Confiture de l’An Neuf

Confiture de l'An Neuf

[New Year Jam]

Just a couple of days ago, I happened to be around La Grande Epicerie de Paris, the quite huge gourmet food store attendant to the store Le Bon Marché. This kind of place works like a magnet on me, and although I was laden with different heavy items to carry, I still went in to browse around. This is really heaven for food lovers, but I didn’t stay long : there is only so much cumbersome aisle space negociation even I can take, as filled with tempting things as said aisles may be.

I did, however, have time to pick up the cutest jar of jam in history, with its little red polka dot hat and white knot. Christine Ferber is known as “la fée des confitures”, the jam fairy. I have mentioned her before, and how she makes fruit jams the old-fashioned way, in her little Alsacian village of Niedermorschwihr (pronounced whichever way suits your fancy). I have bought a couple of jars of her creations in the past, one Nougabricot (Apricot jam with honey and bits of almonds and pistachios) and one Framboise-Chocolat (Raspberries and Valrhona Guanaja chocolate). Both were memorably succulent.

She makes a lot of “plain” fruit jams (blueberry, blackcurrant, plum, raspberry…), but I’m more interested in her unusual flavor pairings. And this time, it’s a seasonal flavor that caught my eye, this “Confiture de l’An Neuf” (New Year Jam), made with fresh figs, dried figs, oranges and Gewürztraminer (an Alsacian white wine). On New Year’s day, it is the tradition in some families to give loved ones small gifts, “des douceurs pour que l’année soit douce” (sweet things for a sweet year). These sweet things would traditionally be dried fruits and oranges, hence the jam’s name! We don’t do this in my family, but I figured I might as well take things into my own hands, and got myself this douceur.

I gave my little jar a taste test yesterday, and it is really as good as it sounded. I’ve had fig jams before, but they were often a bit thick and sticky, or so sweet it overpowered the fig flavor. But there is no such objection here : it has the smoothest texture, with delicious strips of figs and orange rind. The taste of the fig is intact, you can actually tell that there is both fresh and dried fig in it, and the wine gives it a subtle tingly taste.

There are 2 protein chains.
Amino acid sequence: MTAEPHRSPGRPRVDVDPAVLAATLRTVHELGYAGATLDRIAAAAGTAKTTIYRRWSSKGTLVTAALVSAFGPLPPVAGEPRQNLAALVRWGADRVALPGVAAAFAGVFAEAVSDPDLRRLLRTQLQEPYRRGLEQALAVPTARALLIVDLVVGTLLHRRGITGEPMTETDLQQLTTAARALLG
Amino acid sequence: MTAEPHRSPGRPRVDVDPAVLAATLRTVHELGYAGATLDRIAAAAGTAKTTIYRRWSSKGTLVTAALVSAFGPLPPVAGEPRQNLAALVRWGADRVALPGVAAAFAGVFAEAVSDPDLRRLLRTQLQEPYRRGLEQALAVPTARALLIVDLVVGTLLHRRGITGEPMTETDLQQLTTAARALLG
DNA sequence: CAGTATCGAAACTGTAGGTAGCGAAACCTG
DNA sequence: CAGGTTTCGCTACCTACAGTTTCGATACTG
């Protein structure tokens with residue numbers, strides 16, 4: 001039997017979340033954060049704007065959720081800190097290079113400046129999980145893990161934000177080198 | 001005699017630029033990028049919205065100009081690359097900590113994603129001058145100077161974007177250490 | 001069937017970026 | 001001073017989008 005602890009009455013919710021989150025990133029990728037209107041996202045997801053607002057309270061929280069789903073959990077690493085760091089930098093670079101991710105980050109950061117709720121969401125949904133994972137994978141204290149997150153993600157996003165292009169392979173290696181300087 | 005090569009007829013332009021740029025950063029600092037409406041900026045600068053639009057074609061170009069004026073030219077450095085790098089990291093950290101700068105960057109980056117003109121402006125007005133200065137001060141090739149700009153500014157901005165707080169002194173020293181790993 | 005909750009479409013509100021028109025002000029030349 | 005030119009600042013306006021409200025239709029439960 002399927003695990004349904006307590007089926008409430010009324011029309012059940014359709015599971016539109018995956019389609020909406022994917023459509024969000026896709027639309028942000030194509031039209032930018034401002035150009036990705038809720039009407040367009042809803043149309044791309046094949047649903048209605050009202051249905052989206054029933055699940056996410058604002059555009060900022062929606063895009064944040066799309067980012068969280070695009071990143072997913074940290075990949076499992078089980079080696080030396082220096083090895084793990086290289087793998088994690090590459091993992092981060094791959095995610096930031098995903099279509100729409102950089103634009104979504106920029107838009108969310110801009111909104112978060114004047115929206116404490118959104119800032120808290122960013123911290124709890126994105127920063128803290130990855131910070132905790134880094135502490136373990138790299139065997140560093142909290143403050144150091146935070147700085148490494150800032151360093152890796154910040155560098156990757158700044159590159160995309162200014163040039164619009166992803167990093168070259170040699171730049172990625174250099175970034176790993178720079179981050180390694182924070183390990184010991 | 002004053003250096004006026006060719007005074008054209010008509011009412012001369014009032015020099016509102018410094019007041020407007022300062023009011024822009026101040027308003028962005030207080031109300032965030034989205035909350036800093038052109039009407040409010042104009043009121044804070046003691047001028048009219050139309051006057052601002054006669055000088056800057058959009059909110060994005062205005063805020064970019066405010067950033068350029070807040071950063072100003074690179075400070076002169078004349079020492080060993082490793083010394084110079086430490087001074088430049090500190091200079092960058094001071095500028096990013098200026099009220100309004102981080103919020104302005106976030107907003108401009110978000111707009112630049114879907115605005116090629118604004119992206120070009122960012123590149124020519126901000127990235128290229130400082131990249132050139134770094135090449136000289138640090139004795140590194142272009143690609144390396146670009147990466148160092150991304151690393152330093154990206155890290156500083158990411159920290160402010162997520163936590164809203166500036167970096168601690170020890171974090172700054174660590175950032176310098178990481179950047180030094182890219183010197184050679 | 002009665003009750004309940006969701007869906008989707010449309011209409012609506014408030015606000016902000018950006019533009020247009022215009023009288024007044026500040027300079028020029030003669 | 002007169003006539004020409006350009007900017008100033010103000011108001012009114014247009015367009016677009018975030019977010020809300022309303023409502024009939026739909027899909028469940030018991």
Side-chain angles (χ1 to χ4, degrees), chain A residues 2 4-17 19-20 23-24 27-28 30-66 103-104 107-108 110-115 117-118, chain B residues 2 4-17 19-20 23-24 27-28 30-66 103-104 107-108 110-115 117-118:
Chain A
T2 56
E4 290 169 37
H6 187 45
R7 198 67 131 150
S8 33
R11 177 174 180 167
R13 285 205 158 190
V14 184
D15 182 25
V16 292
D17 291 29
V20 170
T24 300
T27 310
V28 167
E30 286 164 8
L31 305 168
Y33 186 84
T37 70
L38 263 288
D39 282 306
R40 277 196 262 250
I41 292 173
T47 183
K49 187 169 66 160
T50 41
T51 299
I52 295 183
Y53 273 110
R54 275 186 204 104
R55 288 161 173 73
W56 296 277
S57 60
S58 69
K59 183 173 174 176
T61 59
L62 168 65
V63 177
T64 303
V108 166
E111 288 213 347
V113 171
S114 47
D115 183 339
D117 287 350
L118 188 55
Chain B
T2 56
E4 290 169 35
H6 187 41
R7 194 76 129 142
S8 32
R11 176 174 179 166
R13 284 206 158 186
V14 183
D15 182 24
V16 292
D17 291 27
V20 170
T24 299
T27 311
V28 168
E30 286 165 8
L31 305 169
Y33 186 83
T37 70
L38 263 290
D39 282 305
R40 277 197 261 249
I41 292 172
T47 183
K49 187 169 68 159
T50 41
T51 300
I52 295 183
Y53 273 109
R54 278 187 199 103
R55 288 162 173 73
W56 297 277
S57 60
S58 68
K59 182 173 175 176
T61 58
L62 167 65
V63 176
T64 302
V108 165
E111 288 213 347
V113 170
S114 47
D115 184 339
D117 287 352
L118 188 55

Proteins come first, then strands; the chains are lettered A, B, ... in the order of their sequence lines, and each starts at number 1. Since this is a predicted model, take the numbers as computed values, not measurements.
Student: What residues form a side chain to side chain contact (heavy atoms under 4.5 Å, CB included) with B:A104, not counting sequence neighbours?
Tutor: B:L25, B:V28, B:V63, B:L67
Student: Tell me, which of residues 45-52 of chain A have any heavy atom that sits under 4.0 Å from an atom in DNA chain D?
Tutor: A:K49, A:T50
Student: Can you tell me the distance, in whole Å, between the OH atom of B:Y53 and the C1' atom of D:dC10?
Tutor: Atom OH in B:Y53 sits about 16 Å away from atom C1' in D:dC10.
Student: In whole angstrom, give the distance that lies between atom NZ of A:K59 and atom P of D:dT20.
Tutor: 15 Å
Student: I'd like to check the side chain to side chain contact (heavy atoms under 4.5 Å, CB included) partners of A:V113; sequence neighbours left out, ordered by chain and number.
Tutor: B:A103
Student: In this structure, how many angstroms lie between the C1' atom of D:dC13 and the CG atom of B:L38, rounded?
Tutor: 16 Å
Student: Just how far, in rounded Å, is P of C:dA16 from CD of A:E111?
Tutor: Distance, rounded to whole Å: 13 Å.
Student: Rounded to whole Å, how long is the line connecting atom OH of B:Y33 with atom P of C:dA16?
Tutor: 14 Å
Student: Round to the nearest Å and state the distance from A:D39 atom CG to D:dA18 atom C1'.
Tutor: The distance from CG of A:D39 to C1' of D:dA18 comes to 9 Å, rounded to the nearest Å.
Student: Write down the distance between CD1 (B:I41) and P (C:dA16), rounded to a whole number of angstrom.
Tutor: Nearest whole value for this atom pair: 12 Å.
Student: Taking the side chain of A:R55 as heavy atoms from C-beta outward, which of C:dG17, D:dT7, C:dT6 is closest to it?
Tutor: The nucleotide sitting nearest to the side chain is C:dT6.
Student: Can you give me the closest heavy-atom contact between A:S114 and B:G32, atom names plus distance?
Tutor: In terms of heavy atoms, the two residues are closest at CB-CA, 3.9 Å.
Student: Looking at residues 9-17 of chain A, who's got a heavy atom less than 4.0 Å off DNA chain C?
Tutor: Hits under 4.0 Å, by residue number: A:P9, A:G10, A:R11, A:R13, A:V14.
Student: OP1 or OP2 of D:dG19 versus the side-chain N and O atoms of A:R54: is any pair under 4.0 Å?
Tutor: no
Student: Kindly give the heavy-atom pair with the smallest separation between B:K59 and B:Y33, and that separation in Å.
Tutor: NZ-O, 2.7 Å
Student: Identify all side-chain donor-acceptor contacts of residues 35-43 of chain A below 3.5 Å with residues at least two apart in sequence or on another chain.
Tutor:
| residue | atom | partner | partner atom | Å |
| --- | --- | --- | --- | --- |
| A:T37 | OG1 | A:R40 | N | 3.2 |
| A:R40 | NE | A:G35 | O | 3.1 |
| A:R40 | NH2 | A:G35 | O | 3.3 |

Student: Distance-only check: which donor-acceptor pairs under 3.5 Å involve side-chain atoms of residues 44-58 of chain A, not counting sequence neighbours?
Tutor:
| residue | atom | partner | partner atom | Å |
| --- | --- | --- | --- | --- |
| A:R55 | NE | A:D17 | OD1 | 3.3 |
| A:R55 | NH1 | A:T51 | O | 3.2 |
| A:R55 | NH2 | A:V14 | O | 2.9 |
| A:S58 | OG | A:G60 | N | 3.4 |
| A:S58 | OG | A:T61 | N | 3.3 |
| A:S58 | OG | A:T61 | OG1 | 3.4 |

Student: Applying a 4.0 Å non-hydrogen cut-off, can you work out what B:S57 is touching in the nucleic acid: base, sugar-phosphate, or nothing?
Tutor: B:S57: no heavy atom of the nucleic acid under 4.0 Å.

If this jam is any indication, 2004 is going to be very sweet indeed.

La Grande Epicerie de Paris
38, rue de Sèvres
75007 Paris
01 44 39 81 00
Mon to Sat, 8:30am to 9pm

  • That is a cute little jar! It sounds scrummy, too. I would be tempted to whisk a tablespoon of this jam with a bit of olive oil and lemon juice, and use it as a dressing on a salad of ripe figs, buffalo mozzarella and pancetta (this recipe here:

    I’m drooling just thinking about it — I should have had lunch three hours ago! :)

  • Jackie – It’s an awesome idea to use this as a condiment! I can’t guarantee it will last long enough, though! :)

    And thanks again for the care you take of my blog’s look with the use of short links! :) I do have to object to the rather silly name of that salad, though : easiest maybe, but sexiest? What on earth makes it any sexier than other salads? I know it’s the kind of over-the-top expressions Jamie uses, but it gets a little annoying and meaningless after a while…

  • Giving sweets at the new year is also a Jewish tradition. Of course, our New Year comes in the fall. My family is middle eastern, and we eat stewed quince with cardamom, rosewater, and lemon.

  • Jeremy – Mmm, that quince concoction sounds divine! I’ll write down that pairing for inspiration…

  • Enjoy. Just be sure to add a lot of sugar. People from that part of the world like their sweets extra-sweet.

  • Are you telling me that you don’t look at that salad and feel immediately amourous? Are you saying that you don’t think this salad could be used in place of Viagra for some poor soul? Hmm.

    It *is* a deeply stupid name, Clotilde — but I would expect nothing less from Jamie. He annoys me very much, but some of his recipes look incredible…I’m ashamed to say I own three of his books!

  • NB Jeremy’s post on the Jewish tradition makes me think that this jam also looks like it would make a good filling for hamantaschen.

  • Jeremy – I’ll make a note of that too! Plus, quince can be quite tart if not burried in sugar! :)

    Jackie – I am Jack’s complete lack of amorous stimulation. And I am in no way surprised that we see eye to eye on this! However, I have managed to refrain from buying his books. I would be interested in borrowing them though! :)

  • marina

    I am travelling to France in June. Would Christine Ferber have a retail store in Alsace, or any contact details?

  • Marina – Yes, Christine Ferber sells her products in her Alsacian village of Niedermorschwir, which is very pretty I’m told. The address and contact info is :

    Maison Ferber (Relais des Trois-Epis)
    18 rue des Trois-Épis
    68230 Niedermorschwir
    tél. +33 (0)1 89 27 05 69
    fax : +33 (0)1 89 27 48 03

    If you go, do let me know how it was!

  • Joan

    We visited the store last year, and are planning to go again in about a week. It’s the little family grocery store, but with many, many sorts of Christine’s products. I brought back about a dozen jars, with last year’s favorites being a passion fruit coulis and a sweet-sour shallot and herb confit (fabulous flavor base for a sauce). The pear and vanilla was also wonderful.

  • Joan – I’d love to pay it a visit myself. Do you live in the area, or are you there on a trip?

  • edelices

    You can buy also online Christine Ferber jams on the site

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